Listed below are some of the Albums I used to audition or more precise to reaudition with the Denon DL 110.

Albums Are:

Bob James - Hands Down (Columbia FC 38067)
Hiroshima - Self Titled - (Arista MFSL1-525)
John Coltrane - Blue Train - (Blue Note BST 81577)
Wes Montgomery - Bumpin' - (Verve V6-8625)
Rickie Lee Jones - Self Titled - (Warner BSK 3296)
Wynton Marsalis - Live Blues Alley - (Columbia PC2-40675)
Eric Gale - Forecast - (KUDU Records KU 11)(CTI Records)
Kenny Burrell & Grover Washington Jr - (Blue Note BT 85106)
Earl Klugh - Finger Painting - (Blue Note MFSL 1-025)
Larry Carlton - Friends - (Warner 23834-1)
Sadao Watanabe - Autumn Blow - (Inner City IC 6064
Doobie Brothers - Minute by Minute - (Warner BSK 3193)
Santana - Zebop - (Columbia FC37158)
Pat Metheny Group - American Garage - (ECM 1-1155)
Frederick Fennel - Cleveland Symphonic Winds - (Telarc 5038)

A few others were used as well, but this gives you the idea of the music used.

I am not going to go into a long narrative and blow by blow description of each album and the resulting findings. But make no mistake the Denon DL 110 played all the above with a verve to total musicality. Balance,tonality,attack,decay, were spot on. Great frequecy response and channel separation to die for.

Here is a product that truly delivers well over its price range and how Denon can keep producing this stellar performer for $140.00 is a mystery to me. But I am certainly glad that they can.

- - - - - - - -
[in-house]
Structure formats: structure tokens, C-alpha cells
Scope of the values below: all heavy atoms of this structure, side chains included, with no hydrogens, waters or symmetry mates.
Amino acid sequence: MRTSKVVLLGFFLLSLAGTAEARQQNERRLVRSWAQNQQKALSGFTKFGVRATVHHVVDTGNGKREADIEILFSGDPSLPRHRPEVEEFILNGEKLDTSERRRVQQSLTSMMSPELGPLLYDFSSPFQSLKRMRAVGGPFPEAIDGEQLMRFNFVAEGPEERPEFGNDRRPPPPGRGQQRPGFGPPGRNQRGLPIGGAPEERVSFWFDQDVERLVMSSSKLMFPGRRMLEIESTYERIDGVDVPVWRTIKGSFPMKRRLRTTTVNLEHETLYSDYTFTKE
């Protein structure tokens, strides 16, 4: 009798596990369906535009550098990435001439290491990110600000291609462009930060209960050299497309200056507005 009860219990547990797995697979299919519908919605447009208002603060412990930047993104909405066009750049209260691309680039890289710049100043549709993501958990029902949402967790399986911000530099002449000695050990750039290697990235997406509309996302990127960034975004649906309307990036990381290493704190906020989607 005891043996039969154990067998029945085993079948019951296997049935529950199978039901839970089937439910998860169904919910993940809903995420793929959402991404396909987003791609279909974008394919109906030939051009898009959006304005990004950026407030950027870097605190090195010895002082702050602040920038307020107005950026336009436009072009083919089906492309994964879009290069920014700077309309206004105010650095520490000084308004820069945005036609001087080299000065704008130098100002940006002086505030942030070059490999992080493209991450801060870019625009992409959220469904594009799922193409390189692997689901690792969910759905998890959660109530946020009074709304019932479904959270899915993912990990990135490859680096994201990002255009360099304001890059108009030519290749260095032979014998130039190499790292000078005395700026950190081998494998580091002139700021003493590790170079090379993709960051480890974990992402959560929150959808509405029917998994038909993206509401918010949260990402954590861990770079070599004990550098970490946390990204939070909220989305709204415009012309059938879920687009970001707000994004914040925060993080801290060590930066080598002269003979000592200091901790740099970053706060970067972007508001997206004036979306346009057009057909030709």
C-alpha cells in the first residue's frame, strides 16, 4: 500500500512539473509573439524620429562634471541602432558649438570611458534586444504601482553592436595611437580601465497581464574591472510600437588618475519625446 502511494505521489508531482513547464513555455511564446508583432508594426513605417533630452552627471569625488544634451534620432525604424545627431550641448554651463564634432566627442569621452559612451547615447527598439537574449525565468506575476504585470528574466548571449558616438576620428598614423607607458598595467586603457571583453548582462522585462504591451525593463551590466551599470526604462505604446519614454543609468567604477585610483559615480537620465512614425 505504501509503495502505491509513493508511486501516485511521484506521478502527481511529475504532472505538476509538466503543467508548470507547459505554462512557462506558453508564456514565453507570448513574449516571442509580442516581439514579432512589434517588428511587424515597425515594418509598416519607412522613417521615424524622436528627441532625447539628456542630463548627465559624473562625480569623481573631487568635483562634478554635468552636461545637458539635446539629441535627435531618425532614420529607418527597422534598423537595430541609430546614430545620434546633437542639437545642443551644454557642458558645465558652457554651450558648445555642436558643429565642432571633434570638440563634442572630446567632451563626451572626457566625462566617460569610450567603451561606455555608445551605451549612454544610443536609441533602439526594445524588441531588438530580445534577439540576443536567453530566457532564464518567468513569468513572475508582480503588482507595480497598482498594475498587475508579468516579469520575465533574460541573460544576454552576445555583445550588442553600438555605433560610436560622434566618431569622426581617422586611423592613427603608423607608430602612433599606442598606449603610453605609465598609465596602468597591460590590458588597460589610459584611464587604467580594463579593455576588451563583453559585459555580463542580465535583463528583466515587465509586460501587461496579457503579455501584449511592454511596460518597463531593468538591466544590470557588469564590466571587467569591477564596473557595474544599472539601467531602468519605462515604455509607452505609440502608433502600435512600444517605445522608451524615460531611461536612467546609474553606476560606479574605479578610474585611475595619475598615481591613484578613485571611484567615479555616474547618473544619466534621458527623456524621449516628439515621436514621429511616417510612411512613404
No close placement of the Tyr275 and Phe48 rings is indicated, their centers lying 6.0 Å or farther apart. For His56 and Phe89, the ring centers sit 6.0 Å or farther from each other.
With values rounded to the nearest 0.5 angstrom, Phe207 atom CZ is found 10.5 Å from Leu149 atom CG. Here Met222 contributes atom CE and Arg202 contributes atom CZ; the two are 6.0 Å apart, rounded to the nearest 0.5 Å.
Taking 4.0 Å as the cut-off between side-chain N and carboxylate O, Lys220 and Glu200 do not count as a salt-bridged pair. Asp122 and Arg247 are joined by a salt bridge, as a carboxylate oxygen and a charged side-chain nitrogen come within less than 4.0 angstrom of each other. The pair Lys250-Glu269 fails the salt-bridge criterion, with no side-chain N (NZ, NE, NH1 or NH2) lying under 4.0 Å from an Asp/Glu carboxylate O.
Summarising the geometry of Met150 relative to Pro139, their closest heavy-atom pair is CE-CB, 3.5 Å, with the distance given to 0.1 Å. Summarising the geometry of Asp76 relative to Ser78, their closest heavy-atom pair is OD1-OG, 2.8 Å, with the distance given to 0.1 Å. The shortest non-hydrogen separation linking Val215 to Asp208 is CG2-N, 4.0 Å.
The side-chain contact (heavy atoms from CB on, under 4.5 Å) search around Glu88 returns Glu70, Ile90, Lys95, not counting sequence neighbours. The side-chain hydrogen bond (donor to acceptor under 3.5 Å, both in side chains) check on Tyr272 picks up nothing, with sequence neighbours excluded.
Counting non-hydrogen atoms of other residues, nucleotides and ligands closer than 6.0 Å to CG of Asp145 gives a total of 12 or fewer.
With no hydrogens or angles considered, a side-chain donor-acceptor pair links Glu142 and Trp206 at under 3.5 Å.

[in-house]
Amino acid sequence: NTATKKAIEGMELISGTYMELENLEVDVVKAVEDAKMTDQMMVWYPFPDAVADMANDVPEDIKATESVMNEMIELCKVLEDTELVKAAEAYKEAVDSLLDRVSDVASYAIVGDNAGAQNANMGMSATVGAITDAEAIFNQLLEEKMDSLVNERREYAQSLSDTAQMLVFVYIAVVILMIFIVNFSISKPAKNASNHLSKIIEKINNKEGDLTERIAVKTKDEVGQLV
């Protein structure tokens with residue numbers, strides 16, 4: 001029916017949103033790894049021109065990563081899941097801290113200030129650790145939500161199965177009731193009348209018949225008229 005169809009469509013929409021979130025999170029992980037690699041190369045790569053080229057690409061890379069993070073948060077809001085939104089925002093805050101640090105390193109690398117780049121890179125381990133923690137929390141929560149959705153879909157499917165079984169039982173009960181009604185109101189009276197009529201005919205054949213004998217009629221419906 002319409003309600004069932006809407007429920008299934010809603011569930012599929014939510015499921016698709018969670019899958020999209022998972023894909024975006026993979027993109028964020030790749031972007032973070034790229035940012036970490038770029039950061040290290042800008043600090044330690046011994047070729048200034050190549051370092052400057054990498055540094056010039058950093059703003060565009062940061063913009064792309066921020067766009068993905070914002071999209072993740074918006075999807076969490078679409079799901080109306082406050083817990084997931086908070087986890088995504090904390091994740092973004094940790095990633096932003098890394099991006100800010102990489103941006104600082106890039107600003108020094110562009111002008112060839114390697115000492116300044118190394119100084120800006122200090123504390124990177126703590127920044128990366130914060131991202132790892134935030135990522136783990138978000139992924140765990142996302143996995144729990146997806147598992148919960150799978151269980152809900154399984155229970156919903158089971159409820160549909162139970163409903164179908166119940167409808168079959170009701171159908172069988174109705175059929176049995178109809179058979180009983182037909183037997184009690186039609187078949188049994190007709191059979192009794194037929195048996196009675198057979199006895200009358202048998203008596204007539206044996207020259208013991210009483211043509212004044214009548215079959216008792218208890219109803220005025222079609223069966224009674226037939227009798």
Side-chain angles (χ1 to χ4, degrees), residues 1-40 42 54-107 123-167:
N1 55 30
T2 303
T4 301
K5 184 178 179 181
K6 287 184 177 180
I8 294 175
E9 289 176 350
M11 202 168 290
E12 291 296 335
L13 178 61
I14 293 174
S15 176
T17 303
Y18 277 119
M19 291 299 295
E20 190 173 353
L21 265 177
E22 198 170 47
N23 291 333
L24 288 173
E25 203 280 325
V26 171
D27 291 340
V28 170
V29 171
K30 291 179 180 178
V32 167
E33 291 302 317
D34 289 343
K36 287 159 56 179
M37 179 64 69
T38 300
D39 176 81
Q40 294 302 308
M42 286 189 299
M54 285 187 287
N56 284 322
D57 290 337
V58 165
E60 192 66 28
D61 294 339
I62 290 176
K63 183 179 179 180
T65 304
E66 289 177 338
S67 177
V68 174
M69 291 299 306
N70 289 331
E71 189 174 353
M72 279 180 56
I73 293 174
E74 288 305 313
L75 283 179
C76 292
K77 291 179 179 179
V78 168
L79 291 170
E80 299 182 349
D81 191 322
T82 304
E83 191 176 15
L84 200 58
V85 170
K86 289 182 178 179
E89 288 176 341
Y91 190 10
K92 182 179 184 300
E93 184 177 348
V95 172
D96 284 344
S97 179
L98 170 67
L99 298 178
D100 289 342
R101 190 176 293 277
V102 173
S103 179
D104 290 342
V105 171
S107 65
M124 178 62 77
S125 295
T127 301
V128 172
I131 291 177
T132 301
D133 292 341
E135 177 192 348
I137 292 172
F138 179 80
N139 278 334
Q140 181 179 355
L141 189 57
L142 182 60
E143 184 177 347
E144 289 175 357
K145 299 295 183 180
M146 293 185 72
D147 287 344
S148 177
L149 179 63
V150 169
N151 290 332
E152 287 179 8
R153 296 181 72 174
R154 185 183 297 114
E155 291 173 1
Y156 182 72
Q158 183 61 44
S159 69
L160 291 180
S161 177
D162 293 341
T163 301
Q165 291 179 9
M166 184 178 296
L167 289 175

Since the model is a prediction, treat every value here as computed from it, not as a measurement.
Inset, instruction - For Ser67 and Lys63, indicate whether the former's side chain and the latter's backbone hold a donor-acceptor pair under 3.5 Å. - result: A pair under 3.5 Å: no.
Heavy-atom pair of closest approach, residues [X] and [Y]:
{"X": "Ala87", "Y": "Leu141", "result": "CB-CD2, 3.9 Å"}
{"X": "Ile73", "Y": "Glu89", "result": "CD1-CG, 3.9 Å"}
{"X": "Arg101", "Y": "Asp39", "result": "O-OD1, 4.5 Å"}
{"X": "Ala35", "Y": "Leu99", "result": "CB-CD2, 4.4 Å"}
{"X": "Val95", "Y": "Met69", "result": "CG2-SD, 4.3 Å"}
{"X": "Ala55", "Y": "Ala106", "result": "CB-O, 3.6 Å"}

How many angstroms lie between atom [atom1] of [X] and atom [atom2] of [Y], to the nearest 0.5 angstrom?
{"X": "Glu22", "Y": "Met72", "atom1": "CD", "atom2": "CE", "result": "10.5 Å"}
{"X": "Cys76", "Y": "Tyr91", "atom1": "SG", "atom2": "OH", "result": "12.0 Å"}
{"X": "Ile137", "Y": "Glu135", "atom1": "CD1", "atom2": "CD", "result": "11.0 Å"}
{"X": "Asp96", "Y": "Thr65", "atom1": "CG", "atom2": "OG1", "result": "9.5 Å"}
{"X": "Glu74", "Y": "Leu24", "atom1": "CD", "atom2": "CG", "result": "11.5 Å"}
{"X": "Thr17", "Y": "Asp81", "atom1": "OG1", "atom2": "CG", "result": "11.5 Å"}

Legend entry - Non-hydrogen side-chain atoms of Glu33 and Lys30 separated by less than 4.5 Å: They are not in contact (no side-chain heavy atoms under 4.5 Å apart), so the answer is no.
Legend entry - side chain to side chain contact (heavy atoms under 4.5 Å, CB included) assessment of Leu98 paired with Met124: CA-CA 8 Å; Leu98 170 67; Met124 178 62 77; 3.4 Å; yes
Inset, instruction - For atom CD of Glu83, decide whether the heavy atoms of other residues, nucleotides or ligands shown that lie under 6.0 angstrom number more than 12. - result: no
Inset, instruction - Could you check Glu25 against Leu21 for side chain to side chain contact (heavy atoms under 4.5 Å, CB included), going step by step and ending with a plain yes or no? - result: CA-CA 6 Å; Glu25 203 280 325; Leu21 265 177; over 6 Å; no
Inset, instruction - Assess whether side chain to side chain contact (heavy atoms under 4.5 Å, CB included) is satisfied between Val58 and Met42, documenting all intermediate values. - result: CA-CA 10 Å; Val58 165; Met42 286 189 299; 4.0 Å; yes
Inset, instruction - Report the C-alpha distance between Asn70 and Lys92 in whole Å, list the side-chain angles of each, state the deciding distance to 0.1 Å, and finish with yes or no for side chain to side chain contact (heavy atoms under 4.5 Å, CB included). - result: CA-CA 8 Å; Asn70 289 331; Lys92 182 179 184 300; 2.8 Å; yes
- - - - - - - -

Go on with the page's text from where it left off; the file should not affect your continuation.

Specs Below:

Denon DL-110 Specifications:

Output: 1.6mV

Stylus: Special Elliptical Solid Diamond

Cantilever: Aluminum

Frequency Range: 20 to 45,000 Hz

Tracking Force: 1.5-2.1g

Weight: 4.8g

Found that in my rig a setting of 2 grams tracking force with 2 grams anti skate worked just fine and yielded the best results.

In phono cartridges of today, one can do far worse in not picking the Denon DL 110. In my opinion having been around as long as I have in the hobby, this is an Icon product, that not only has withstood the test of time, but continues to do so today.

So when your ready to jump off the snob bandwagon and start to really enjoy the music again, the Denon DL 110 or Denon DL 160 will be waiting for you. After all in the long run this hobby is about the music and not the gear and paranoia that surrounds this hobby.

My thanks to Ed Kobesky for his review on the Denon DL 160 which prompted this review on the Denon DL 110. If it had not been for that review may have put the DL 110 up for sale, instead of using the DL 110 and would have missed a very musical experience. This has been a very pleasant surprise and reaquaintance with the Denon DL 110. This is one cartridge I will just wear out, then get another DL 110.

Associated gear
Click to view my Virtual System